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Inverted Serenity’s last album, Integral, was a bit of an oddity, presenting a unique mixture of thrash, death metal, and prog. It was a little rough around the edges and didn’t always flow perfectly, but it was a solid listen with some interesting ideas. The followup, As Spectres Wither, is the natural evolution of those ideas. They’ve focused their sound into something much more cohesive while retaining the diverse songwriting of the previous effort. The production has received a substantial upgrade as well, and it all sounds nice and crisp.

The end product is a slick, beefy death metal record not unlike the Beyond Grace debut from earlier this year. It’s very dark in tone, somber at times and raging at others, and never lacking for creativity. They always put the song first, keeping the focus on writing memorable tunes; virtuosity is an element of each song, but not the centerpiece. Their tempo and time changes are so smooth that you might not even notice them happening at first, and the solos, while shreddy, are melodic and not overly self-indulgent. You’ll get clean guitars, bass leads, blastbeats, and thrash riffs all in the course of one song, and it won’t ever feel unnatural. There’s a lot to dig into, but it’ll go by in a breeze.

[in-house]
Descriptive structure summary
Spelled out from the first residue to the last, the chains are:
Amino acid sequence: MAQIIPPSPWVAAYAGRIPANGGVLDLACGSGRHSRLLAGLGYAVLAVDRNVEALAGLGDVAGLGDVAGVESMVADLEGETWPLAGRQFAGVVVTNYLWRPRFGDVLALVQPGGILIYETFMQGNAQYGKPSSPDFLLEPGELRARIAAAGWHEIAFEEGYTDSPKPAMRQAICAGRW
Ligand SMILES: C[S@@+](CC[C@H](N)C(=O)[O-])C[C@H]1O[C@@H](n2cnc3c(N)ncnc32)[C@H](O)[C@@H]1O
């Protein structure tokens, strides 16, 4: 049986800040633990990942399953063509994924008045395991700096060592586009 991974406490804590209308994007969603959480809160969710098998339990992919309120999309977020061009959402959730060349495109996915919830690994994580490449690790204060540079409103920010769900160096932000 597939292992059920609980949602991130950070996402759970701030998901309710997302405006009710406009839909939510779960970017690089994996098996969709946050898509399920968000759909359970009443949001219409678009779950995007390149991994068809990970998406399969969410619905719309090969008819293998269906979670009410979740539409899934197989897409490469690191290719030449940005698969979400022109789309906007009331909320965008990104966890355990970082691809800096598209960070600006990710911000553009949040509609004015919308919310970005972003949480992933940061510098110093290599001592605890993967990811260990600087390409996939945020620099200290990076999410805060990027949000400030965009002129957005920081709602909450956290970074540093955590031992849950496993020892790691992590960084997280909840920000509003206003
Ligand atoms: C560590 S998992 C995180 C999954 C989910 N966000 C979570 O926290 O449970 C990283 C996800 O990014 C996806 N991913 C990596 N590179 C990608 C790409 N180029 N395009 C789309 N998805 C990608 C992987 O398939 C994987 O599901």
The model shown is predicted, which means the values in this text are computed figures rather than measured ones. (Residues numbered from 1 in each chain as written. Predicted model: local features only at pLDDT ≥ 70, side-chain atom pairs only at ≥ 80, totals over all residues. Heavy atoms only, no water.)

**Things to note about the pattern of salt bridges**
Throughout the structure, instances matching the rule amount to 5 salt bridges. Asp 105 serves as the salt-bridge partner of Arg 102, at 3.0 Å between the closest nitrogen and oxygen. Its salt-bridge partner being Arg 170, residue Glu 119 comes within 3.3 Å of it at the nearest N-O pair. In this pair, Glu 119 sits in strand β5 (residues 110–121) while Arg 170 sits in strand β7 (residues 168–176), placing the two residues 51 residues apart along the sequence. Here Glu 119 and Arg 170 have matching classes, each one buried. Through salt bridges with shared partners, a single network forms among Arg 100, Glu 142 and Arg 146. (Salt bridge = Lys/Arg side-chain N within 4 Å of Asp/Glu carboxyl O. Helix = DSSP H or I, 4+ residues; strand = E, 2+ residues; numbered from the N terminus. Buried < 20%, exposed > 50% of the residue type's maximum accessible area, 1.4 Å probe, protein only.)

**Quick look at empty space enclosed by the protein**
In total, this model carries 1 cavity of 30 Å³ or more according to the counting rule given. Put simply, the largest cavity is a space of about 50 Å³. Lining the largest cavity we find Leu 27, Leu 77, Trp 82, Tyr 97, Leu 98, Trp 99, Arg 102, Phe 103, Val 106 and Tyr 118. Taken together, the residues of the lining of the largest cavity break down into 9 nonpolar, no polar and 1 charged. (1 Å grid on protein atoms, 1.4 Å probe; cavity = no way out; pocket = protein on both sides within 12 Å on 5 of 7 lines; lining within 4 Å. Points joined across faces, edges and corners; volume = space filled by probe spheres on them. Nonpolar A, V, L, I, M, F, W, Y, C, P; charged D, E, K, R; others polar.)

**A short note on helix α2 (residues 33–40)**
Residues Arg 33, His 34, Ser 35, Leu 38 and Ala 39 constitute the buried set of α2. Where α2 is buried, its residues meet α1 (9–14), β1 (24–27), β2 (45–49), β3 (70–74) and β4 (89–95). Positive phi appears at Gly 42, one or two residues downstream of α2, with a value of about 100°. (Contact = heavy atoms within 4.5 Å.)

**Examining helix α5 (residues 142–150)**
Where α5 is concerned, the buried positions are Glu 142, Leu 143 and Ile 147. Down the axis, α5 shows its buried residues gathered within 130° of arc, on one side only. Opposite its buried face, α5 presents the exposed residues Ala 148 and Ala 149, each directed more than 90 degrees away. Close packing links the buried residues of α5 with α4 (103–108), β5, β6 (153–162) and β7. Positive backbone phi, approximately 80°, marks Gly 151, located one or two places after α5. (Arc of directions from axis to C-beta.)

As Spectres Wither is an album that does everything right, enjoyable by everyone from the biggest prog nerds to the most casual tech fans. Look for that on October 6th, and check out a couple tracks right now at the Bandcamp link below.

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Now, I kept this one for last because it doesn’t quite fit the paradigm of the other two, but it’s a goddamn brilliant piece of music all the same. Perihelion Ship put out one of the best prog albums of last year with A Rare Thunderstorm in Spring, filling the empty space left by the Opeth of yore while adding their own twist on the formula. The prospect of a new band taking that 70’s-prog-meets-groovy-death-metal sound and running with it was exciting, and I couldn’t wait to see what they did with it.

Holy hell, did they deliver. To Paint a Bird of Fire is nothing short of a masterpiece, building off of everything that made the last album so great and offering some new surprises. They’ve actually eased back on the death metal aspects a bit, but without compromising the mighty riffage that was present on Thunderstorm. If anything, they sound even better here; that warm guitar tone and the Hammond organ and mellotron feel like they were tailor-made for each other, and the clean vocals are significantly stronger and more adventurous than on the previous outing. It somehow feels bigger and more grandiose despite being almost 10 minutes shorter in run time, too. It’s powerful, emotional, and nothing short of great.

You can stream To Paint a Bird of Fire in full on Bandcamp; I recommend the high DR version. The album releases on October 1st.

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That’s all I’ve got for this week. I love all three of these albums, and I hope you were able to find something to enjoy as well. Until next time,

Prog Out With Your Log Out